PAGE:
Partly due to the boundaries mainstream publishing erects around black letters, I wrote a book with white principal characters. Then I discovered a writer who had done the same over 50 years ago, and his example shows how little has changed when it comes to African-Americans and American mainstream publishing.

I learned about Frank Yerby from Troy Johnson of the African-American Literature Book Club (aalbc.com).  I contacted Troy about marketing my new white-charactered book to his mainly black audience. Troy mentioned how rare it is for black writers to ‘write white’ and mentioned Yerby as a one who had done so starting back in the 40s, and whose reputation suffered for it.  Per the New George Encyclopedia:

“Yerby was often criticized by blacks for the lack of focus on or stereotypical treatment of African American characters in his books. Thus, ironically, while Yerby held the distinction of being the first best-selling black novelist, he also became one of the most disparaged for his lack of racial consciousness.”

Yerby had written a novel about Southern racial injustice, but publishers rejected it.  It seems that subsequent to that, Yerby turned to white protagonists. 

Further research led me to an essay on Yerby by A.J. Aronstein [ http://www.bookslut.com/past_perfect/2012_05_018921.php  ] in Bookslut. In it, Aronstein discusses Yerby’s first and breakthrough novel, “The Foxes of Yarrow.”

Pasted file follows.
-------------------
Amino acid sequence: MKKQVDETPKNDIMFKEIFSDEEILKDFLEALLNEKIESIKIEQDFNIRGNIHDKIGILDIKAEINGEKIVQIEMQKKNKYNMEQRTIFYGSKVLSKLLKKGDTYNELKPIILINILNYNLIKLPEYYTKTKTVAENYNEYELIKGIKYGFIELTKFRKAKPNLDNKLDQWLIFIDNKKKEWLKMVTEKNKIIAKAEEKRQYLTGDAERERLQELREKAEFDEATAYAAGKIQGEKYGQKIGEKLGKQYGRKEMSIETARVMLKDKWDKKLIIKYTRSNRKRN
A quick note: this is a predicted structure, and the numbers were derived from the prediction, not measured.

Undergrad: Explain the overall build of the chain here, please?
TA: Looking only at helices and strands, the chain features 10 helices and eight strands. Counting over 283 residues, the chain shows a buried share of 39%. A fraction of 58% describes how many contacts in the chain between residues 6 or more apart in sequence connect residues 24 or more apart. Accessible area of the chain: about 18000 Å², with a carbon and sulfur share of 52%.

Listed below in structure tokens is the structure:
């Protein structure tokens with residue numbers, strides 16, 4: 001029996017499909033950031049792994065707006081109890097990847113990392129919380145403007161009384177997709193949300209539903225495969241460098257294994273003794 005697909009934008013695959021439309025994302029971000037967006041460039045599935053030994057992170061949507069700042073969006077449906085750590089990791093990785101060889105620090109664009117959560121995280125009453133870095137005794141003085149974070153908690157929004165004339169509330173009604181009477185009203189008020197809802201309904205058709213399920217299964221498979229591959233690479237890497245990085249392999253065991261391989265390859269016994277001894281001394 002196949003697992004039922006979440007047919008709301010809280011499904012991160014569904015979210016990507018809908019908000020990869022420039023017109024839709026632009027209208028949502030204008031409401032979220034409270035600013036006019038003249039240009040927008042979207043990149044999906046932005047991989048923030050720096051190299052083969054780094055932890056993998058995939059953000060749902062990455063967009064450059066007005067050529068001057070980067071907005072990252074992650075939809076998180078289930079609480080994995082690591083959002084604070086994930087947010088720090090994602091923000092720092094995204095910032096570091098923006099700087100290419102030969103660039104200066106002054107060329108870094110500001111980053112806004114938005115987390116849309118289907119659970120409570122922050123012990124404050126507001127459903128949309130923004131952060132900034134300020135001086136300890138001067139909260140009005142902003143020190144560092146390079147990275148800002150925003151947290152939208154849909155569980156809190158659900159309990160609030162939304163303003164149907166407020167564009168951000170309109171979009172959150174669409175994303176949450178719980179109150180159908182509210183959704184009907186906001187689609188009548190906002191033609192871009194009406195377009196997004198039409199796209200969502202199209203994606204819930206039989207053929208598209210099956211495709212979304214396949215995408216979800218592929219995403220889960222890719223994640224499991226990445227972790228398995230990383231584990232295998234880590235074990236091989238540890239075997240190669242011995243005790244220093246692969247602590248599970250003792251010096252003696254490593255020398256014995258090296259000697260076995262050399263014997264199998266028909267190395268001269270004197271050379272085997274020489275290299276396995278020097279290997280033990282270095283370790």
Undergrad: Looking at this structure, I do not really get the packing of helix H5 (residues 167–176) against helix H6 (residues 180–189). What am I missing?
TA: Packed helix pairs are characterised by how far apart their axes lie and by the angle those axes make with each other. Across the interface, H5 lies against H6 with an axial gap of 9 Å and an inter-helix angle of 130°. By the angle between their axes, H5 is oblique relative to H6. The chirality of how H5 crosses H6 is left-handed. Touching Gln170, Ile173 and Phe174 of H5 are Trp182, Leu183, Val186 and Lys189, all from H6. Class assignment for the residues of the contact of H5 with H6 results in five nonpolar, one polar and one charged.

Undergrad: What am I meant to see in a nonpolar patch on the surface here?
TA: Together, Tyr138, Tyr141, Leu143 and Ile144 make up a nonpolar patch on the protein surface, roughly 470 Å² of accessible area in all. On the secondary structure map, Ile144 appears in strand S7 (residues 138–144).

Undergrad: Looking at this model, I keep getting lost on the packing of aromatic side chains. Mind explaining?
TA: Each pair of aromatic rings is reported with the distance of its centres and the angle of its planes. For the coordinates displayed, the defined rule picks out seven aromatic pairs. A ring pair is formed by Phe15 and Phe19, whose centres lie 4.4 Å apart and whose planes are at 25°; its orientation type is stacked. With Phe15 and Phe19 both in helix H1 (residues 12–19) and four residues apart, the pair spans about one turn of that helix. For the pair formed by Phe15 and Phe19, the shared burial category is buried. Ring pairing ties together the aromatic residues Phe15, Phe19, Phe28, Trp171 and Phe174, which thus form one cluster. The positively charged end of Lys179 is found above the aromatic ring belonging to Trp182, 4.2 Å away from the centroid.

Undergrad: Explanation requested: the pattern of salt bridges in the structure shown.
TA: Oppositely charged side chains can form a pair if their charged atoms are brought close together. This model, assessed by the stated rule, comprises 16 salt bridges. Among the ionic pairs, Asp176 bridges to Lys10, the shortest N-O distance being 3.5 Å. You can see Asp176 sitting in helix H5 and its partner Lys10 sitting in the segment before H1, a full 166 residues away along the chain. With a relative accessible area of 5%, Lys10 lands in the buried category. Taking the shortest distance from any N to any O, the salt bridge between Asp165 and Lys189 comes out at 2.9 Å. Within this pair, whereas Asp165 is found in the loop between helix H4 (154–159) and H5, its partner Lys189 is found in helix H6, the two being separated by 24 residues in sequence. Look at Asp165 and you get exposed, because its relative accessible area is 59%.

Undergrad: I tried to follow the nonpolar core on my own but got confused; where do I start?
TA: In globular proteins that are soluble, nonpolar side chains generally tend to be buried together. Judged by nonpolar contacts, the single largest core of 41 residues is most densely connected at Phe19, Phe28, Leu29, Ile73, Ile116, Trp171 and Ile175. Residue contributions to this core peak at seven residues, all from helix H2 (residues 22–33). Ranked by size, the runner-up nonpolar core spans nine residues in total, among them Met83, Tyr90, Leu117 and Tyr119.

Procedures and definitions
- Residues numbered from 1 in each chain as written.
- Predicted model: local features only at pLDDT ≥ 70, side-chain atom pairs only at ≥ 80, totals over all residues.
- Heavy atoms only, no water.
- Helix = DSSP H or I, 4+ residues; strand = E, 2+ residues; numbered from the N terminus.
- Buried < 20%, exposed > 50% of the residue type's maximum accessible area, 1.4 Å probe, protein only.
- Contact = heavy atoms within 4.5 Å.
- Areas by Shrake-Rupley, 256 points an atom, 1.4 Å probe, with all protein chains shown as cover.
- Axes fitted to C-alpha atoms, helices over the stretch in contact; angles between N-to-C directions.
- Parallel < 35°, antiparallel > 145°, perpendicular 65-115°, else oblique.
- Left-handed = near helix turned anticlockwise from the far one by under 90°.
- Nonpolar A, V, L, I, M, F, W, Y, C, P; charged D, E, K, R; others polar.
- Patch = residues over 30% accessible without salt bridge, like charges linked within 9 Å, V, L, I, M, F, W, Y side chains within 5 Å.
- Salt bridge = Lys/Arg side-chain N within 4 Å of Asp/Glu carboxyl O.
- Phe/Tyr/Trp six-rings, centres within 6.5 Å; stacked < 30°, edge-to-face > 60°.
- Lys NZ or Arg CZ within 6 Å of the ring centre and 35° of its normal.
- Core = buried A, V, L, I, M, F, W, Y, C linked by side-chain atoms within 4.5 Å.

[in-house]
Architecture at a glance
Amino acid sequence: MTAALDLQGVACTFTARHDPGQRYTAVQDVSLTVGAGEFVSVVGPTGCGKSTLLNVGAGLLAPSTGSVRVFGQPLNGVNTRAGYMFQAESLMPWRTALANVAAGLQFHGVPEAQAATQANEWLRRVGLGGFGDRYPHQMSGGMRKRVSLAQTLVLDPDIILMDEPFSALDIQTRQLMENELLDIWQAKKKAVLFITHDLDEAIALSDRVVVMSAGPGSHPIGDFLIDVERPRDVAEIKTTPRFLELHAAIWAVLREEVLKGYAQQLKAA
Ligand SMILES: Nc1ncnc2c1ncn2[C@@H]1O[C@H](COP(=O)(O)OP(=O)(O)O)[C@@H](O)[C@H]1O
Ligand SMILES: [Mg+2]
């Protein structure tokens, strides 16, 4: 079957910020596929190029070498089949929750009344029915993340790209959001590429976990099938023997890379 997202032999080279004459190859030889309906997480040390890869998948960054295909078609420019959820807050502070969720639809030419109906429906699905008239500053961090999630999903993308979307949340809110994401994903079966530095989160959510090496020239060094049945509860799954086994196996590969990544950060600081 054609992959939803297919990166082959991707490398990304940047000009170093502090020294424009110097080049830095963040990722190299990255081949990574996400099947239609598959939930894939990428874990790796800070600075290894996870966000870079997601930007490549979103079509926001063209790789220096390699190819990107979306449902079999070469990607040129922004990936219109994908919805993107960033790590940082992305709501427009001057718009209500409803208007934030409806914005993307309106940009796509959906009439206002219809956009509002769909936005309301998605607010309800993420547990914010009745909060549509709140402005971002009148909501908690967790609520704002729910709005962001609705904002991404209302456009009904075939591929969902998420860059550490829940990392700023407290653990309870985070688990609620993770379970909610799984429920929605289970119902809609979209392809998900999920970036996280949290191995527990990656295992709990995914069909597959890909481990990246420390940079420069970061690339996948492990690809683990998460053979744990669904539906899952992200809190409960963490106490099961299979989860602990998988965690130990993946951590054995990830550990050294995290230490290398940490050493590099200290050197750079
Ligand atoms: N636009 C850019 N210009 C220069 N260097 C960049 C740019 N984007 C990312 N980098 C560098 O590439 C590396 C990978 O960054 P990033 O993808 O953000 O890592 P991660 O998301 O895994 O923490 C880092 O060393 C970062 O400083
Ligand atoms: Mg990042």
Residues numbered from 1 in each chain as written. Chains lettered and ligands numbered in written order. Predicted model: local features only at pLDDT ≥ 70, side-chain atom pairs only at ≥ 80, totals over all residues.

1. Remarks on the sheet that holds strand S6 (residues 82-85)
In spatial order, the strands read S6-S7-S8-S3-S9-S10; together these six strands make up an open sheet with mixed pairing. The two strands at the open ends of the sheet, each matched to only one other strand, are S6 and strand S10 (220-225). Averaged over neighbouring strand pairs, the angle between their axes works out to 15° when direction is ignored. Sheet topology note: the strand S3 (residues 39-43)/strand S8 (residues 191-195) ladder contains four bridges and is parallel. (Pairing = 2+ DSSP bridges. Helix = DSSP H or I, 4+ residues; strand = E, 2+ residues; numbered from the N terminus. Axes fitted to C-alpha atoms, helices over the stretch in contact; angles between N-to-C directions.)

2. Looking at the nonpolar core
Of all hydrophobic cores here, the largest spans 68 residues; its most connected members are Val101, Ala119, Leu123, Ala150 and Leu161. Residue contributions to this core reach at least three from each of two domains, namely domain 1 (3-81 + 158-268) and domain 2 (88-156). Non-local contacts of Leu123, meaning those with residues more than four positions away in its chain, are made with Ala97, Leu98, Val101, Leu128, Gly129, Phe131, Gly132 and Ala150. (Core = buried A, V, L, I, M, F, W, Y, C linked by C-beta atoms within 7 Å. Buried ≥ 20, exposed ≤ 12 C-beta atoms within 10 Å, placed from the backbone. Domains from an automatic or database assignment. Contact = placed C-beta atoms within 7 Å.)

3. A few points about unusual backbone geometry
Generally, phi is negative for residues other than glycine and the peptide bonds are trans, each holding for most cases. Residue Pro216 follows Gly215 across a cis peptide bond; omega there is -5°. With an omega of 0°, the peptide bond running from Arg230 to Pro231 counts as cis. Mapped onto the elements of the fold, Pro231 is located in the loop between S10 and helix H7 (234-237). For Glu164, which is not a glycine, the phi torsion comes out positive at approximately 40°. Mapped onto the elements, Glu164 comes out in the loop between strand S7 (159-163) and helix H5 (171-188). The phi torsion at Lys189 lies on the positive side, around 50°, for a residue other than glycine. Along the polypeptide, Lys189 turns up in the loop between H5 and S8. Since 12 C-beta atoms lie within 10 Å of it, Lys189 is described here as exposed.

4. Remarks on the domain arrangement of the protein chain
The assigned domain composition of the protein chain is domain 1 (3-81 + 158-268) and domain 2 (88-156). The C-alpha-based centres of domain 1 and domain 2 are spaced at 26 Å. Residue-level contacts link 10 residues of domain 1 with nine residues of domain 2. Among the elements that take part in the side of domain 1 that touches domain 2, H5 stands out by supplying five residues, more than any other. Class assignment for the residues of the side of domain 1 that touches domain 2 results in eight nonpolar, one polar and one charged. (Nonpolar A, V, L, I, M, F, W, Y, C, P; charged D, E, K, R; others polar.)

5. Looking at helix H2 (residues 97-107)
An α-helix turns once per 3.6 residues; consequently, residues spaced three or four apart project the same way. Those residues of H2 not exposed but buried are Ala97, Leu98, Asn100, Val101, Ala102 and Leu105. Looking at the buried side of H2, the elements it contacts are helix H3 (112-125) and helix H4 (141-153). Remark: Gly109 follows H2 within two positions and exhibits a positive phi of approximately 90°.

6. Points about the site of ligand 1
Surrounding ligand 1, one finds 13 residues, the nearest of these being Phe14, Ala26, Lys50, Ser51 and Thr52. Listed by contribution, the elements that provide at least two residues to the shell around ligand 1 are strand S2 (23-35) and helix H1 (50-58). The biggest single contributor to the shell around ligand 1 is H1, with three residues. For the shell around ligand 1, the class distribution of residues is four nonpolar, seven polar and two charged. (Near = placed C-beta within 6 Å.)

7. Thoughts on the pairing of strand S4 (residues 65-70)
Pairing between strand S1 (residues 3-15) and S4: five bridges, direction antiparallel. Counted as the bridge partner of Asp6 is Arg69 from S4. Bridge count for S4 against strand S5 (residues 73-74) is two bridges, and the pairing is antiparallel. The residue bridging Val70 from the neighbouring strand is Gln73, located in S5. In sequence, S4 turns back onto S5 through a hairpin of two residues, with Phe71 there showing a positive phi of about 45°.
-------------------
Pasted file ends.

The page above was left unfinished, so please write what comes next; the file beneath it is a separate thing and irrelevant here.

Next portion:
“For the last forty years, defenders of Yerby have attempted to justify the fact that he wrote romance novels, suggesting that he dodged confrontations with racial issues in order to publish on his own terms. According to these readings, the value of Yerby's work arises mainly from his rejection of expectations imposed upon his generation of African-American writers. But a reading of The Foxes of Harrow presents an opportunity for rethinking Yerby's handling of racial themes, and suggests that we should reconsider the importance of his work among mid-century African-American writers like Wright, Hurston, and Ellison.”

Kudos to Aronstein for working to resurrect a writer he finds underrated; however, it’s interesting that the grounds on which he attempts to resurrect him are the very well-worn fields of the African-American race novel—a soil Yerby spent a great deal of his career purposefully sidestepping.  Discussing his indifference toward typical racial themes in a 1981 interview, Yerby called the ‘race novel’ “an artistic dead end,” from which he said, “I’m glad to have escaped.”  Nonetheless, Aronstein insists in stuffing him into a category the author himself minimized.  It’s as if Aronstein knows that publishing only admits black writers through a particular back door, so that’s the one through which he tries to slip Yerby.